Tuesday, March 20, 2012

Daily Times Editorial March 21, 2012

Prime Minister’s ‘No’

In response to the Supreme Court’s (SC’s) order of March 8, 2012, Prime Minister (PM) Yousaf Raza Gilani has in his written reply refused point blank to write the letter desired by the SC to the Swiss authorities to reopen the alleged corruption and money laundering cases against President Asif Ali Zardari. The grounds of the PM’s refusal make interesting reading. The arguments and facts marshalled by the PM in his defence indicate in conclusion and between the lines that he has expressed no confidence in the bench hearing the contempt of court case. The basic reasoning presented in the PM’s reply pertaining to the bench is that since these judges have initiated the prosecution by issuing a contempt notice to him, in fairness they should not hear the case since this would be tantamount to being a judge in their own case, a principle of law that needs to be adhered to. The PM referred to Justice Tassaduq Hussain Jillani having recused himself from the case because of close personal relations with the PM to indirectly bolster his argument regarding the appropriateness of the bench becoming both prosecutor and judge in his case.
The thrust of the PM’s defence against the contempt charge is that he neither intended, nor committed any contempt or wilfully refused to obey the directions of the court. He merely followed the Rules of Business and was guided in his decision by the advice and summaries received from the Law Ministry and concerned officials. This was corroborated in the testimony of Ms Nargis Sethi before the court. Further, the PM argued that of the six options outlined by the court itself, it chose the most coercive (first) option. It would have been better in his view to have opted for the sixth, i.e. leaving the fate of Yousaf Raza Gilani in the court of the people. If, however, the court insisted that the letter be written regardless of all considerations, the PM suggested that the matter be sent to parliament to take a decision based on the collective wisdom of the elected representatives of the people. Mr Gilani defended stoutly the immunity enjoyed by a sitting head of state so long as he held office. He was open to the suggestion that the letter to the Swiss authorities desired by the court could be written after Mr Zardari left office. This would avoid throwing the president of a sovereign country before a foreign magistrate, a development that would gravely injure the self-respect of the country. The orders of the bench of January 10, 2012 and March 8, 2012, in the PM’s view, revealed that the judges had already made up their mind on the very matter to be heard and defended by the accused. The March 8 order was issued ex-parte, when even his counsel was not present in the court. This smacked of pre-emption, and of justice not being seen to be done when his counsel had not yet had the opportunity to explicate his arguments. In other words, the PM felt he had been condemned unheard. Gilani also raised an eyebrow at the anomaly that the Attorney General, who till yesterday was representing the federal government before the SC, should have been appointed the prosecutor in the contempt case. This led to the strange situation where in the NRO case he was still the federation’s counsel, while in the contempt case he was the prosecutor.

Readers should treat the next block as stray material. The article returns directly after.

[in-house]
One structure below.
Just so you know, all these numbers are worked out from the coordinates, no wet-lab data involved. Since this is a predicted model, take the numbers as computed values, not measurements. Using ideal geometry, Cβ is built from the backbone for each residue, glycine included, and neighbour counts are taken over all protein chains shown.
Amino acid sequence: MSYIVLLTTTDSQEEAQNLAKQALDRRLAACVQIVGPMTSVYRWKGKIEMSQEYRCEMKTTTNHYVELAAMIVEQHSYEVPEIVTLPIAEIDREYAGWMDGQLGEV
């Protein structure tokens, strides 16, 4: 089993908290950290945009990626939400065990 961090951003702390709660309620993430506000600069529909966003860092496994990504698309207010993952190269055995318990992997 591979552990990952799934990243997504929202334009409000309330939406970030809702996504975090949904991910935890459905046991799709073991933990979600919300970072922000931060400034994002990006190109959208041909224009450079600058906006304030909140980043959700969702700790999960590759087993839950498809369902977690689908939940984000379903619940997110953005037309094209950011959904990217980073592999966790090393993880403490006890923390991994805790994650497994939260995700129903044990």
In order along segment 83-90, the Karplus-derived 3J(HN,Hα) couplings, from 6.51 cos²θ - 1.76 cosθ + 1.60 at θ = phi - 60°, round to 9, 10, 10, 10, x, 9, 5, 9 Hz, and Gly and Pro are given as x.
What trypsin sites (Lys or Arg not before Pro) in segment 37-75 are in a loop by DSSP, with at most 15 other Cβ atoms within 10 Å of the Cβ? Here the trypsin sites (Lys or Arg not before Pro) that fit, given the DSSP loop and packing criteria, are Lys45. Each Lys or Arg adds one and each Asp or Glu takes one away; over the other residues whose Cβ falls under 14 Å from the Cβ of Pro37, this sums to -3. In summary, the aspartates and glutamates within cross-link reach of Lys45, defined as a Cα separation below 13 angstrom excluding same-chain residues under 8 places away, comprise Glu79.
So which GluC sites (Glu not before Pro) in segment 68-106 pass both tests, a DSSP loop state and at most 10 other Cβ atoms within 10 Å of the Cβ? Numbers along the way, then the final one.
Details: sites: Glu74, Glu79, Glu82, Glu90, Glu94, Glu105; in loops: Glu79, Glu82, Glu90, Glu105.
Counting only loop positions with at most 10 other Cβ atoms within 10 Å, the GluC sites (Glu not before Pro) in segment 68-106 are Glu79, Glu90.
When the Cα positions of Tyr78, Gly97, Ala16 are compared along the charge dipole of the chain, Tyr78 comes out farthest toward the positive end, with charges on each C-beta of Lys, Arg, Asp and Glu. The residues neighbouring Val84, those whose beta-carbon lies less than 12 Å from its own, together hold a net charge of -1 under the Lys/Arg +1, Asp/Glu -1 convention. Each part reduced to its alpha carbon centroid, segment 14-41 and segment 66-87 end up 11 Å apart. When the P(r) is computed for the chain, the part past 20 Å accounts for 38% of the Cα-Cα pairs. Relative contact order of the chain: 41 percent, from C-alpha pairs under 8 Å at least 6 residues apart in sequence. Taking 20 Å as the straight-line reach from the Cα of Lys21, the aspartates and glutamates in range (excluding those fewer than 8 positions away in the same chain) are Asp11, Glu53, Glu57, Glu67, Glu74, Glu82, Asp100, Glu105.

The underlying premise of the prime minister’s arguments (which are too lengthy to be done justice to in this space) seems to reflect his view that perhaps in its frustration at the delays in implementing the SC’s order in the NRO case, and in its zeal to assert the authority of the apex court, the bench had been peremptory and unjust. Of course it is for the honourable bench to take cognizance of the prime minister’s contentions and apply its mind to the defence and the anomalies he has pointed out. But the robust defence of his position indicates that the PM will not comply with the direction to write the letter based on his and the government’s understanding of the provisions of the constitution, particularly Article 248 that clearly states that the president has immunity from prosecution so long as he holds office. We must await the court’s view now, but no one can deny the high drama lurking in the wings of what some have continued to dub a crippling crisis or confrontation between the executive and the judiciary of unprecedented proportions.

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